It's hard to believe that Oct. 1 is a mere 41 days away. Ever since passage of the Affordable Care Act, that date has been marked on everyone's calendar. The countdown seemed to take forever, but now it is almost here. Depending on your world view, it will either be the day the world comes to an end or a day of unparalleled euphoria.
As each day passes (for some reason, I hear Macdonald Carey in my head, "Like sands through an hourglass, these are days of our lives"), there's an ever-increasing number of emails in my inbox promoting a report or press conference or webinar on the launch of the health insurance marketplaces. Just yesterday, I dialed into a call sponsored by Families USA, "Strategies for enrolling communities of color in Obamacare." While that was going on, the Center for Rural Affairs emailed over a report that "examines rural benefits of health insurance marketplaces, cost-sharing and other incentives."
The focus of so many of these events is on helping people understand what the marketplaces are and how they can enroll. During the Families USA call, Dizzy Warren, community outreach manager for Michigan Consumers for Health Care, talked about education and outreach programs that a coalition of community organizations and social agencies put together to help people understand the ACA and the insurance marketplaces. Importantly, she said, they've partnered with local agencies that already have standing — and are trusted by people — in various communities. While the coalition has linked with Enroll America, a major national effort to increase enrollment, Warren said that it is more helpful to let local agencies make the initial contact with consumers and then direct them to a larger organization if necessary. "Enroll America isn't known in these communities," she said. "That's important, especially when you are asking people for personal information."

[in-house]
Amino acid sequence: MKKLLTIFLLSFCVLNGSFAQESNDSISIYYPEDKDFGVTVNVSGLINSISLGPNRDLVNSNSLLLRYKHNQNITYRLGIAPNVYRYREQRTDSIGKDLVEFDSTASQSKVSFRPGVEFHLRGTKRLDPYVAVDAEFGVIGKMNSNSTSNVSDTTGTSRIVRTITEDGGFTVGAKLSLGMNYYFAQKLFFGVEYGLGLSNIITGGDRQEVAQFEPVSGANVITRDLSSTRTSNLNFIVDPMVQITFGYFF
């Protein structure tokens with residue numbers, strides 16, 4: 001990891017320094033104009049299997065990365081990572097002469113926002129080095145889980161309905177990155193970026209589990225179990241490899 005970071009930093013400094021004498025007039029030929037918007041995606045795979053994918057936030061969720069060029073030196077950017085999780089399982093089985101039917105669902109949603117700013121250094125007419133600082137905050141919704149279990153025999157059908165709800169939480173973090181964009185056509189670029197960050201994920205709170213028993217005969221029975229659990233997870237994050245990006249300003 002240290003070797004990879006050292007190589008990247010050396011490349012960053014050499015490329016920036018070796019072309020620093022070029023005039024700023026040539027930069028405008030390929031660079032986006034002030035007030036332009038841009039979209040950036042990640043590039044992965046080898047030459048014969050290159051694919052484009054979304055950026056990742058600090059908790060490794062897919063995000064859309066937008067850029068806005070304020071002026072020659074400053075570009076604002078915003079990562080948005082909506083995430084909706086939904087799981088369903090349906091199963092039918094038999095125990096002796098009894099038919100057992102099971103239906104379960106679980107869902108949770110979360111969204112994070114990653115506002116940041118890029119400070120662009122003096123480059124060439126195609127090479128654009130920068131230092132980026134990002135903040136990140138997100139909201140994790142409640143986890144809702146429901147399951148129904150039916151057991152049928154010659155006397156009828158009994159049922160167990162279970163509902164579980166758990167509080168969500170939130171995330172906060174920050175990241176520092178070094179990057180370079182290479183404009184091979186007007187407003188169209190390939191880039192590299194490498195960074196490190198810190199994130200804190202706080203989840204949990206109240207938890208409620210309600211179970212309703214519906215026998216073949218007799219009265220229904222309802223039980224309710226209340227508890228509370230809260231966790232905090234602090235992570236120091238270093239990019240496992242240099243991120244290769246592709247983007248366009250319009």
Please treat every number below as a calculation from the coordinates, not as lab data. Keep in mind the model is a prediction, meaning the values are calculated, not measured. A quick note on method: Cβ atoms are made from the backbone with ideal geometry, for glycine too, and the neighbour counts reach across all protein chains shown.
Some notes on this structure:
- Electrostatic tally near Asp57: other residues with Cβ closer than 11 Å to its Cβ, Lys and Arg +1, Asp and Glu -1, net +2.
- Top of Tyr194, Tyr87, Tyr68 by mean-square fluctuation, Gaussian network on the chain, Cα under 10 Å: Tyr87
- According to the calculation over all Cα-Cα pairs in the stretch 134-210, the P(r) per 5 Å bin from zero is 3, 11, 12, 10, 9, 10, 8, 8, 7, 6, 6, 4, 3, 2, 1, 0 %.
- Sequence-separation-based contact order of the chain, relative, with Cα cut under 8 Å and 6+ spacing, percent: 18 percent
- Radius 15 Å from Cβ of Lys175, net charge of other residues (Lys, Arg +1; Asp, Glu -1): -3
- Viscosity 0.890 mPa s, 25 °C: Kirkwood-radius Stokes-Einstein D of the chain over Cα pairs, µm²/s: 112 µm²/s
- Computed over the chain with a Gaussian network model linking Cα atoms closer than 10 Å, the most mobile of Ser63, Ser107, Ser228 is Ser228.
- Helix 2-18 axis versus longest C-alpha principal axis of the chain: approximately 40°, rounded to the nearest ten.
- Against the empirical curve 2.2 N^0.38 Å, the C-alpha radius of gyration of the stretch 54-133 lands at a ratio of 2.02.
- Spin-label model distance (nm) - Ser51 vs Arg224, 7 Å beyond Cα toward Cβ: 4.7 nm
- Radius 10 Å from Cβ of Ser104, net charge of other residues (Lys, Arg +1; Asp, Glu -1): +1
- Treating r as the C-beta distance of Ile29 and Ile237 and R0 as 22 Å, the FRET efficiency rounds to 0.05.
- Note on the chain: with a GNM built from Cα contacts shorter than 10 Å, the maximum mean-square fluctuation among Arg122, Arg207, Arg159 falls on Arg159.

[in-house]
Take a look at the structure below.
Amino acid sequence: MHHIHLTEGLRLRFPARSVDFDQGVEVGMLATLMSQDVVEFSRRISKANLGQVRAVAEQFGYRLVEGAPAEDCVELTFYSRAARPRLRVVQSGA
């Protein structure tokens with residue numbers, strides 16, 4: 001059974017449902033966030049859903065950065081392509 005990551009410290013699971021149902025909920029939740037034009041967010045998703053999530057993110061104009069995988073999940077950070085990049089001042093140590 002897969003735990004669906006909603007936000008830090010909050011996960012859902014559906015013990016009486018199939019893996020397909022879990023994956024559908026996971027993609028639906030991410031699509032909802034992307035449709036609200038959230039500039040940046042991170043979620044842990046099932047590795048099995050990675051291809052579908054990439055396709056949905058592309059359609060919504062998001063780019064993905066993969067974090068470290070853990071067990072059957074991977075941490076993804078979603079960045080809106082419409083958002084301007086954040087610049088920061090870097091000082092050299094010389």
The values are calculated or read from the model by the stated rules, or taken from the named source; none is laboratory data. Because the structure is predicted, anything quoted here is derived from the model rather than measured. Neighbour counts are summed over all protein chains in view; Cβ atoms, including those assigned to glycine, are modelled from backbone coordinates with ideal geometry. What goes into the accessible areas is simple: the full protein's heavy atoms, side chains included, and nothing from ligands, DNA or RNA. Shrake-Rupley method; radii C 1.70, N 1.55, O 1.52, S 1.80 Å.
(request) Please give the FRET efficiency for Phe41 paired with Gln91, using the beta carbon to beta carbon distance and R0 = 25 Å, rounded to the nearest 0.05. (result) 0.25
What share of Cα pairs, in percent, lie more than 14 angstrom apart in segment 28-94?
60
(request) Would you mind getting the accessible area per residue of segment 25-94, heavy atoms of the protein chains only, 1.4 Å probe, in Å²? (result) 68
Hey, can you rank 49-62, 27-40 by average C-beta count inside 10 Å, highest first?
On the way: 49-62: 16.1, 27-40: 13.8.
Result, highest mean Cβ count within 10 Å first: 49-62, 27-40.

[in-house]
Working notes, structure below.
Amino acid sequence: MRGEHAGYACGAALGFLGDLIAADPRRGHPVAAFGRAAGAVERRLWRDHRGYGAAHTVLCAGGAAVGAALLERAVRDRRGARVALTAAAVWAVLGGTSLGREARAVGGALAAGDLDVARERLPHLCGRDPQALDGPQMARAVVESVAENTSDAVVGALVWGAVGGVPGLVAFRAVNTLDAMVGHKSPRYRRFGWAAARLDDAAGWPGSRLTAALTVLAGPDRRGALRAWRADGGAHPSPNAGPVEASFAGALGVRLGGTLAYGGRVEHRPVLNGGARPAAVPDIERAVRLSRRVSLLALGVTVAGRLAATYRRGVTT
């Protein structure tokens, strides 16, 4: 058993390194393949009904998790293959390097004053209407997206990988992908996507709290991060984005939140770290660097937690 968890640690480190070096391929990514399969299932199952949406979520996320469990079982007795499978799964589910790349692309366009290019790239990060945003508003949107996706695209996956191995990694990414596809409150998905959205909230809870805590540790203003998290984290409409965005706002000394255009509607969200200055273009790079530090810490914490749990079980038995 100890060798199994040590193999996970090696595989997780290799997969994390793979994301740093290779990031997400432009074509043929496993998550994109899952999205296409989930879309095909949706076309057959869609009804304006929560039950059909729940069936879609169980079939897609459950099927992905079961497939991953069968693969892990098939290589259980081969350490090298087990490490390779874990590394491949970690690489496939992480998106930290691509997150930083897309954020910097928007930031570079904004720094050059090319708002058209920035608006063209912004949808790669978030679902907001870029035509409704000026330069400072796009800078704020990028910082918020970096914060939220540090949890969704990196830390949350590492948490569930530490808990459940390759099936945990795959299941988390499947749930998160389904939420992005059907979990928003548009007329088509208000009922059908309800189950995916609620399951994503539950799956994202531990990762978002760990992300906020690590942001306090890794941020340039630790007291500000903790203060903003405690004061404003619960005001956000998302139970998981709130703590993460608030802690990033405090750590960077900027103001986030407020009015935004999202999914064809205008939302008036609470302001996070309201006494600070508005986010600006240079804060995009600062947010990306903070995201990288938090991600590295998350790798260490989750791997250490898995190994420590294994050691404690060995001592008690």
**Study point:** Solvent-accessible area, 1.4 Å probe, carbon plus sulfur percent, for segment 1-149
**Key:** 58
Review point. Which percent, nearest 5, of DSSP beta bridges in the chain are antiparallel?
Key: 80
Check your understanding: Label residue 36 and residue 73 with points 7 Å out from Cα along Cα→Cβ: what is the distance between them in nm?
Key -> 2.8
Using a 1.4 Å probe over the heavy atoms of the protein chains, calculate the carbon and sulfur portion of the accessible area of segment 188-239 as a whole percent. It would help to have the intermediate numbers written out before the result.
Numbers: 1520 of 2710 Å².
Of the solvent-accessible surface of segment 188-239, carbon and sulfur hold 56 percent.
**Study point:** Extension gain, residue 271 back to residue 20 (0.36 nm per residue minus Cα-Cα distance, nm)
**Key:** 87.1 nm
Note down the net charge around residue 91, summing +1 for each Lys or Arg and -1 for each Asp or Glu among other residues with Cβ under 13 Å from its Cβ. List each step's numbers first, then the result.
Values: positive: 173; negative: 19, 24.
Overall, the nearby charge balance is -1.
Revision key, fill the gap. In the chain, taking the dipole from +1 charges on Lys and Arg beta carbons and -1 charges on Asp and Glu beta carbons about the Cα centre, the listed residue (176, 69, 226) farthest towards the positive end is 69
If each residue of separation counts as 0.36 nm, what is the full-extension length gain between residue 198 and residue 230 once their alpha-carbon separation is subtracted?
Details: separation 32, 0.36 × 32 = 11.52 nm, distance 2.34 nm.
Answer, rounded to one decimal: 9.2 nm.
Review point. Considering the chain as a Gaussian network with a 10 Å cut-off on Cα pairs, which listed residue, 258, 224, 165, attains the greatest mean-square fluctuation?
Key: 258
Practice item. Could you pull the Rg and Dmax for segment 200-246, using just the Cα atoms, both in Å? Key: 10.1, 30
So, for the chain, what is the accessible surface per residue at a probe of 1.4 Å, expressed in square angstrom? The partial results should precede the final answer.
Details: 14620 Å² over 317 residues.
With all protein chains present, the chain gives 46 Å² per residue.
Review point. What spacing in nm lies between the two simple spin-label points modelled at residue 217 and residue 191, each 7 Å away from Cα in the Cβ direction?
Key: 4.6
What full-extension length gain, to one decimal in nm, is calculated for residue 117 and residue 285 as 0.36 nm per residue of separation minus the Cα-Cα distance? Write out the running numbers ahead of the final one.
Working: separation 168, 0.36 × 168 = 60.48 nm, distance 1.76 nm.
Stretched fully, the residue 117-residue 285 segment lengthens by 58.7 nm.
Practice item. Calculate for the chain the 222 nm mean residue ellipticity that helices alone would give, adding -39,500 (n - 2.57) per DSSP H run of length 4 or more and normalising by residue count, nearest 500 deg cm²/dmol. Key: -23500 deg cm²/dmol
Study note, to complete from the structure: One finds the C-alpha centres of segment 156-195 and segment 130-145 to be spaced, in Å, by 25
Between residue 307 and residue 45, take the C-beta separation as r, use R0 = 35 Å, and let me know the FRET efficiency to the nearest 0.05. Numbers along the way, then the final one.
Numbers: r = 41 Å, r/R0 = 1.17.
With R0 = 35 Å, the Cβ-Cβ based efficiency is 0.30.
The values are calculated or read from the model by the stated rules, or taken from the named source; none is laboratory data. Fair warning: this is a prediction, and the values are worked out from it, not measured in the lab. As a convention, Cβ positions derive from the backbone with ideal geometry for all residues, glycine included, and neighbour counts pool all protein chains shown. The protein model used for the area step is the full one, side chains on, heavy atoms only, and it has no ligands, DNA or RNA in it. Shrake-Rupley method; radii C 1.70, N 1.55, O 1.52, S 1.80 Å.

I wonder, though, if these efforts are too little, too late. Poll after poll finds that consumers still feel in the dark. In a recent survey by the Field Research Corp., three-quarters of California voters younger than 65 said that they've heard little or nothing about the state's exchange. Worse yet, "just 18 percent of voters who are currently uninsured say they've heard a lot or some about it. Similarly, only 18 percent of voters younger than 30 report this level of awareness, as do 16 percent of African-Americans and 20 percent of non-English speakers," according to Field researchers. These are key demographic groups that are supposed to benefit greatly from the law.
The findings mirror data from a March Kaiser Family Foundation poll, in which 77 percent of respondents said that they knew nothing or only a little about their state's plan to run an insurance exchange.
Time will tell if the late efforts to educate people about the exchan … sorry, marketplaces … are successful. Time will also tell what it all means for hospitals. In an upcoming cover story, Senior Writer Paul Barr examines the impact the marketplaces will have on hospitals and health systems. Look for it on the cover of next month's magazine.